24th Sunday in Ordinary Time – 13th September
There can be times when a person or an event can cause deep resentment to stir within us. This may be disproportionate to the situation but it can well up in us like acid or a volcanic eruption waiting to burst forth. It is important at these times to allow us the room to notice the anger and bring it before God in prayer. Some psychologists would notice that our angry reaction can last but a moment but our response can last a lifetime. This is why it is vitally important that when we notice this strong passion rising within us that we allow God to befriend us in prayer.
Anger often has a history which is a safety measure which allows us to protect ourselves from danger either to ourselves or to another. We do not become angry about things that don’t affect us or harm something or someone that we treasure. The importance then is to notice that our working through our angry feelings means that we need to give ourselves the space to resolve our own internal reactions. This should be done apart from the person or the situation which has caused us anger. Untamed anger can become our enemy which can unleash inner violence which does harm to us or to another. Anger which is befriended allows us to make constructive use of that passion for the good of another as well as ourselves.
What is strongly associated with anger is noticing both the facts that lie behind it but also the attitude that we have towards the world. At the heart of the readings are the words of the psalmist, “The Lord is kind and merciful, slow to anger and rich in compassion”. What is essential is how having acknowledged and befriended these feelings we notice that we are not called to plan vengeance but seek forgiveness for ourselves and for the other. This is not so that we do not acknowledge serious injustices but that we allow us to notice how each person is called into a living relationship with God and with another. The two go hand in hand. We become people who build relationships of trust and healing. This is not just a simple panacea but rather forgiveness which is heartfelt and life-giving. When we do not allow God’s forgiveness to be at the heart of our lives our anger can be like drinking poison hoping the other person will die!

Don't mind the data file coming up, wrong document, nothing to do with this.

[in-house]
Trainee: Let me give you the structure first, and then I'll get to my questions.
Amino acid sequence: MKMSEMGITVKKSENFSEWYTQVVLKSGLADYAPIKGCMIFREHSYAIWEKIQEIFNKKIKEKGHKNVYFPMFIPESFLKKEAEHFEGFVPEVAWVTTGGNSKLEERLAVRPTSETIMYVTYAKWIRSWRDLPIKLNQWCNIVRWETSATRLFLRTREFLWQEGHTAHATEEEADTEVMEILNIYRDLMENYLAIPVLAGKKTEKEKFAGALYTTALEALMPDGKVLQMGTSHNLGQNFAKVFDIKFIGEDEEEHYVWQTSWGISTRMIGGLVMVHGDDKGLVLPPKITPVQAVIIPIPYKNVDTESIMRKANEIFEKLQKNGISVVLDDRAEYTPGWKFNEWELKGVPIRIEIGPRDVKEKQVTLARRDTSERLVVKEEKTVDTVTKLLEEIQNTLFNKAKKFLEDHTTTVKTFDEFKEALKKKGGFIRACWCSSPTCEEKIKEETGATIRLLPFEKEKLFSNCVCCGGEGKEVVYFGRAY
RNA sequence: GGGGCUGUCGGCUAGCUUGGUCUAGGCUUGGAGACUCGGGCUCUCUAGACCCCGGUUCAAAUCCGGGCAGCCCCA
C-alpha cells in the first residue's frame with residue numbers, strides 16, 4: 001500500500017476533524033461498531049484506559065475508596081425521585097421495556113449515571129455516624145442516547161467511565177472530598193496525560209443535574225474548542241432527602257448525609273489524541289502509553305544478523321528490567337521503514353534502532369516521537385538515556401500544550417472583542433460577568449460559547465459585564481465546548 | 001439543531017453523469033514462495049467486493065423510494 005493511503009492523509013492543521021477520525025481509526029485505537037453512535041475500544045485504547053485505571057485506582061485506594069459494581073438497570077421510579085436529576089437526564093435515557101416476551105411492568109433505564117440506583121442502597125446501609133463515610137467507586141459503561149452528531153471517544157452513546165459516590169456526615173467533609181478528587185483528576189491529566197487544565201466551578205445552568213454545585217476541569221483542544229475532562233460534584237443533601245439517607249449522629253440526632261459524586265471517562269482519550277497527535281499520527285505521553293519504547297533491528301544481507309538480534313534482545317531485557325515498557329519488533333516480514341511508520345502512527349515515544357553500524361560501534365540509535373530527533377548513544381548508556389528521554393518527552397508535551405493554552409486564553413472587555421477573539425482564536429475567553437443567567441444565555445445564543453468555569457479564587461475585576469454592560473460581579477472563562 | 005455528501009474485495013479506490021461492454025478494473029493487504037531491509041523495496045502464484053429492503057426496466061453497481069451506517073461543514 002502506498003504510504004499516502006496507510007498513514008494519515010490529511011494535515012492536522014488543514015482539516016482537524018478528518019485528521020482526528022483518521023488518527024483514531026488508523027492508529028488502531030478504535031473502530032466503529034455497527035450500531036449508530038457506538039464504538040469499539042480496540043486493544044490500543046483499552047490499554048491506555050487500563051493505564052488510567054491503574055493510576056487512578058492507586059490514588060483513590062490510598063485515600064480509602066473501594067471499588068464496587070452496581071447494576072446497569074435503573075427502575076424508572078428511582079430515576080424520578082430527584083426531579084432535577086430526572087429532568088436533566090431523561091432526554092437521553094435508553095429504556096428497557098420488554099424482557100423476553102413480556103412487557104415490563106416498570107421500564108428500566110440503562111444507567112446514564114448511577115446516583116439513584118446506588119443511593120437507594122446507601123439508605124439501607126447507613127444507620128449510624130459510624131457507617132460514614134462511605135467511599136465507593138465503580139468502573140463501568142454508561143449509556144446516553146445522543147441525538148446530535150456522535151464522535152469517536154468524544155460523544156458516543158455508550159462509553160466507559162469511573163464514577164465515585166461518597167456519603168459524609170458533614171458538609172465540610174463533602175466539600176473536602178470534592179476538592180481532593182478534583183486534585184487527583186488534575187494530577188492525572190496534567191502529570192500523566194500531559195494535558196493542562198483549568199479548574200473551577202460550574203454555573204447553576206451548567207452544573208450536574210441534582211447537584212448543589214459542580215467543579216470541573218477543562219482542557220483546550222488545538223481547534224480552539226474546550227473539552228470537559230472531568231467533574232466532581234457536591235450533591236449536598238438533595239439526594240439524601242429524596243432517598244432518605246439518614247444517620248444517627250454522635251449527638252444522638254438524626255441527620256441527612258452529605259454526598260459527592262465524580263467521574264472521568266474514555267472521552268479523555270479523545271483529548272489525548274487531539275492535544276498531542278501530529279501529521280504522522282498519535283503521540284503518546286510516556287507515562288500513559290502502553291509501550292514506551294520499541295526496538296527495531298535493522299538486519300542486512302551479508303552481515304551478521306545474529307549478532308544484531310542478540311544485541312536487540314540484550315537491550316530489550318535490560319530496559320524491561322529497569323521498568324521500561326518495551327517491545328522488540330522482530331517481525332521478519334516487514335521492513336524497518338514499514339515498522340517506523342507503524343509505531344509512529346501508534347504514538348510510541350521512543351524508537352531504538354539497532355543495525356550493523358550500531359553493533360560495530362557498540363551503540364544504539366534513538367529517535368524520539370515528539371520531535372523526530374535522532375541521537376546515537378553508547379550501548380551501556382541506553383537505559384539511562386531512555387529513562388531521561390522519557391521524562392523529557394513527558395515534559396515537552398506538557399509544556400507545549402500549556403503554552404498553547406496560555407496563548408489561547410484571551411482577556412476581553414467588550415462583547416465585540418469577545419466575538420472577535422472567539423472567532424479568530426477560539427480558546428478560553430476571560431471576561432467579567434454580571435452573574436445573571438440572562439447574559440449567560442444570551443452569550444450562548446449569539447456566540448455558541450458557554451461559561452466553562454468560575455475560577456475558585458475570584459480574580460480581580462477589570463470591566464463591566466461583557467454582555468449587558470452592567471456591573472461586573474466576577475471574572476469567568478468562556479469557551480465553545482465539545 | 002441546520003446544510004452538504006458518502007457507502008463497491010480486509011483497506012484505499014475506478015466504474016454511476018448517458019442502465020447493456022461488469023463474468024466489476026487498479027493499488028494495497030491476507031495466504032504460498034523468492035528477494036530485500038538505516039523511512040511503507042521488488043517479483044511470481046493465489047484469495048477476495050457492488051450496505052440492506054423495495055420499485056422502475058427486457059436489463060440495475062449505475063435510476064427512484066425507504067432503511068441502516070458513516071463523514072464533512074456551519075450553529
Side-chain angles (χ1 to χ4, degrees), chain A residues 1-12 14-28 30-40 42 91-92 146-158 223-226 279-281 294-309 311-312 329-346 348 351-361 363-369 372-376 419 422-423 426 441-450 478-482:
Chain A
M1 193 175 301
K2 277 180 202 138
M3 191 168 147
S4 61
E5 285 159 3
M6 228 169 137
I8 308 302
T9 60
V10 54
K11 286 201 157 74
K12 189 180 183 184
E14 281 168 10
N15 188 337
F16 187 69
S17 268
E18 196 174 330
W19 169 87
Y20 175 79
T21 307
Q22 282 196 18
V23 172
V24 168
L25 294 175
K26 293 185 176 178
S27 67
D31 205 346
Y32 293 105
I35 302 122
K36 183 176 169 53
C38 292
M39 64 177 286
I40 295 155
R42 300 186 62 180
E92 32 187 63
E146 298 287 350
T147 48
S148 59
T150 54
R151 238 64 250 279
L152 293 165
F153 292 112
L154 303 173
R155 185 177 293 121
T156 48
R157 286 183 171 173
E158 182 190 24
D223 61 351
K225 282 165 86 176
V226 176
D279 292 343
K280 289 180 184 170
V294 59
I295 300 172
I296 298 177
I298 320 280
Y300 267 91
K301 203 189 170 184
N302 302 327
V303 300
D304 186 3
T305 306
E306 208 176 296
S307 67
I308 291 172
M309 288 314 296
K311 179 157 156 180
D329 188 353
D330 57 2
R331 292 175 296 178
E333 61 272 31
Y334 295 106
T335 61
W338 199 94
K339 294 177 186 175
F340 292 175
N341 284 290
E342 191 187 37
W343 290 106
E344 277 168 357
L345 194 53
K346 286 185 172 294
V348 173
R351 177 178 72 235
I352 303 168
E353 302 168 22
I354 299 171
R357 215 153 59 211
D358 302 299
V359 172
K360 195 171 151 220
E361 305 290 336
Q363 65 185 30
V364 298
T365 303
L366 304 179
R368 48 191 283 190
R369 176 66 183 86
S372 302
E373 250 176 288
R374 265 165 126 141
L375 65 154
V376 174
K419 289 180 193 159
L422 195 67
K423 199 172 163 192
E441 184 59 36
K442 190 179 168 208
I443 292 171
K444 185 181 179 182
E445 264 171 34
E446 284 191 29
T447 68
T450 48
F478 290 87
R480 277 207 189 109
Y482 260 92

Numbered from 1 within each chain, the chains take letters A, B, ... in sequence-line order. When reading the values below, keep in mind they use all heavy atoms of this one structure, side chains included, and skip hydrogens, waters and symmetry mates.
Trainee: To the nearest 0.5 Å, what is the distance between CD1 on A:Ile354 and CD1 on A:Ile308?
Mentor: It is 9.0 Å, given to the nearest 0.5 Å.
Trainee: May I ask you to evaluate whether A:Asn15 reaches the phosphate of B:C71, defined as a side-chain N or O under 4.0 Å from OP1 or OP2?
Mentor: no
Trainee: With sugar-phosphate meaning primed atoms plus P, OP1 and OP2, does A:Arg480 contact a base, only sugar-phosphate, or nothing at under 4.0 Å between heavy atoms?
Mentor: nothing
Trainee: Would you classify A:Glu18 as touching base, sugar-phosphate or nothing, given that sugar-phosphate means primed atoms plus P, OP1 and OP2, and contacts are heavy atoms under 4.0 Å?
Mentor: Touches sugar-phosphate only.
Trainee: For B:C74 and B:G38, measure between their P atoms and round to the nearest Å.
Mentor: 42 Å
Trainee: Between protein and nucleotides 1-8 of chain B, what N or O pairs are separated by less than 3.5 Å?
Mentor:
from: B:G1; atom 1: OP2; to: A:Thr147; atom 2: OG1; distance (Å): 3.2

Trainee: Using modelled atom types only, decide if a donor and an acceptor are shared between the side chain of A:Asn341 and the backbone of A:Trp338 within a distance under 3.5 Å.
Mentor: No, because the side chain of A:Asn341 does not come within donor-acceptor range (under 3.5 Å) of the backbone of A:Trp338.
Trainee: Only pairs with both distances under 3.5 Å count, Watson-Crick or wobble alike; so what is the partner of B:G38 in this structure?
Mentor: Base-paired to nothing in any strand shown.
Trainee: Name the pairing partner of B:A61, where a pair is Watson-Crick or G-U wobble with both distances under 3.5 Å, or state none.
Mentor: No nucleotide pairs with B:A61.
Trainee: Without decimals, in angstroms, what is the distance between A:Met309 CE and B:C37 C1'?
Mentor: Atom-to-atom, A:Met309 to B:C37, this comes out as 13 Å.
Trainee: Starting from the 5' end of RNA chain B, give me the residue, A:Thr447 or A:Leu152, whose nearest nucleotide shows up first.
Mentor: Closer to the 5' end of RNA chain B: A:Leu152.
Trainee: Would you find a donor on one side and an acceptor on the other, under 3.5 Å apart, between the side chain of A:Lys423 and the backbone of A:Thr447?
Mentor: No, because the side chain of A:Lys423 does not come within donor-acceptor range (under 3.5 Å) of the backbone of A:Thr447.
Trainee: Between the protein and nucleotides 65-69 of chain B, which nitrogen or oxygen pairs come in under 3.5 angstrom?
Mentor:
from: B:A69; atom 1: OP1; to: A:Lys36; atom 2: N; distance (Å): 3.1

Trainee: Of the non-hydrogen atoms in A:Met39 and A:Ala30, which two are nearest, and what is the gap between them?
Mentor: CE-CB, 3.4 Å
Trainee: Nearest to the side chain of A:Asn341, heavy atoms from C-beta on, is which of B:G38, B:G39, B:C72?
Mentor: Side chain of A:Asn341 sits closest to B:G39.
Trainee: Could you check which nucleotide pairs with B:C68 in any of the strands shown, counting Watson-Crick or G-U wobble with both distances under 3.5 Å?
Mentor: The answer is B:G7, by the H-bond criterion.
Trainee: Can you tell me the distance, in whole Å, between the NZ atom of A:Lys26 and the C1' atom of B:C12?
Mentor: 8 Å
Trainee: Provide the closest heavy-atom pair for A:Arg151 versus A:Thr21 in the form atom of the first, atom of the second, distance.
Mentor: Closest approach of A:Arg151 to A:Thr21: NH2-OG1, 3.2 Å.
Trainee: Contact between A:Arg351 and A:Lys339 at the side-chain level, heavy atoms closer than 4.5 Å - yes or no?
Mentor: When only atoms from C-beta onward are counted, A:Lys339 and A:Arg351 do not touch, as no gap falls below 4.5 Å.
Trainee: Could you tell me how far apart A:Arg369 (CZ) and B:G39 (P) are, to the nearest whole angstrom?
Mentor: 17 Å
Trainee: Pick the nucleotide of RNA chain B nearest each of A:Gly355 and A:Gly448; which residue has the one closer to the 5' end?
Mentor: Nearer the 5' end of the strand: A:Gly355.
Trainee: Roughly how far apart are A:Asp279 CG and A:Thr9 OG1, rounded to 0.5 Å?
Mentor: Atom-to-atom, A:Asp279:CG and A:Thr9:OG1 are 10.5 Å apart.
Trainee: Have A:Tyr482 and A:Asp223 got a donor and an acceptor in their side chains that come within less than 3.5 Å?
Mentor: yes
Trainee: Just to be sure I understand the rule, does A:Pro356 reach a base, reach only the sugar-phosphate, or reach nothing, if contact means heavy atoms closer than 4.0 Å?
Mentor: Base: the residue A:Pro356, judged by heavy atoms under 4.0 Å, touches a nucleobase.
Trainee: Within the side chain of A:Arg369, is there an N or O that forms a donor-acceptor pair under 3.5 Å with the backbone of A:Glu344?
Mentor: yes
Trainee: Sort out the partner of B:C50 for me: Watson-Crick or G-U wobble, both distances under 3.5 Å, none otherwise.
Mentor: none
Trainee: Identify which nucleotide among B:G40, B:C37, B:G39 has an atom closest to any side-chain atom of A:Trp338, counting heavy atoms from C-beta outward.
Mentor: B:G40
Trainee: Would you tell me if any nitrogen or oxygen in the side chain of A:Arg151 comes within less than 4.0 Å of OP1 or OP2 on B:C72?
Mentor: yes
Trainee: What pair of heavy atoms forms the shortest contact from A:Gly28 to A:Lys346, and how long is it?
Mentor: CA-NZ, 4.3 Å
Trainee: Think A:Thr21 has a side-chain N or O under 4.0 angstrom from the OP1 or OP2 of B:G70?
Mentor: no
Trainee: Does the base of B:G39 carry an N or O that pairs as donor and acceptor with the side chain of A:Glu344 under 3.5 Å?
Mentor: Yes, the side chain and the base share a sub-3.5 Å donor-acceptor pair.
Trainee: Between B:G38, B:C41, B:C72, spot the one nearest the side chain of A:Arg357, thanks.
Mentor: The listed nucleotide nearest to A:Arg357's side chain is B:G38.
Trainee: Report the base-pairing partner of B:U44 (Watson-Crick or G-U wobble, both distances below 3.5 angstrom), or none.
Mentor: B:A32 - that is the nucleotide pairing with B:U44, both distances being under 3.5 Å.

If you are in the midst of a dispute as you read this take time to dwell with God about how you are present to yourself and the other. Be honest, be creative but ultimately be open to compassion for yourself and the other. In so doing we replace the feeling that we are called to be a doormat by becoming a welcome mat. A person is hospitable to others as we seek to befriend ourselves.
Fr. John Armstrong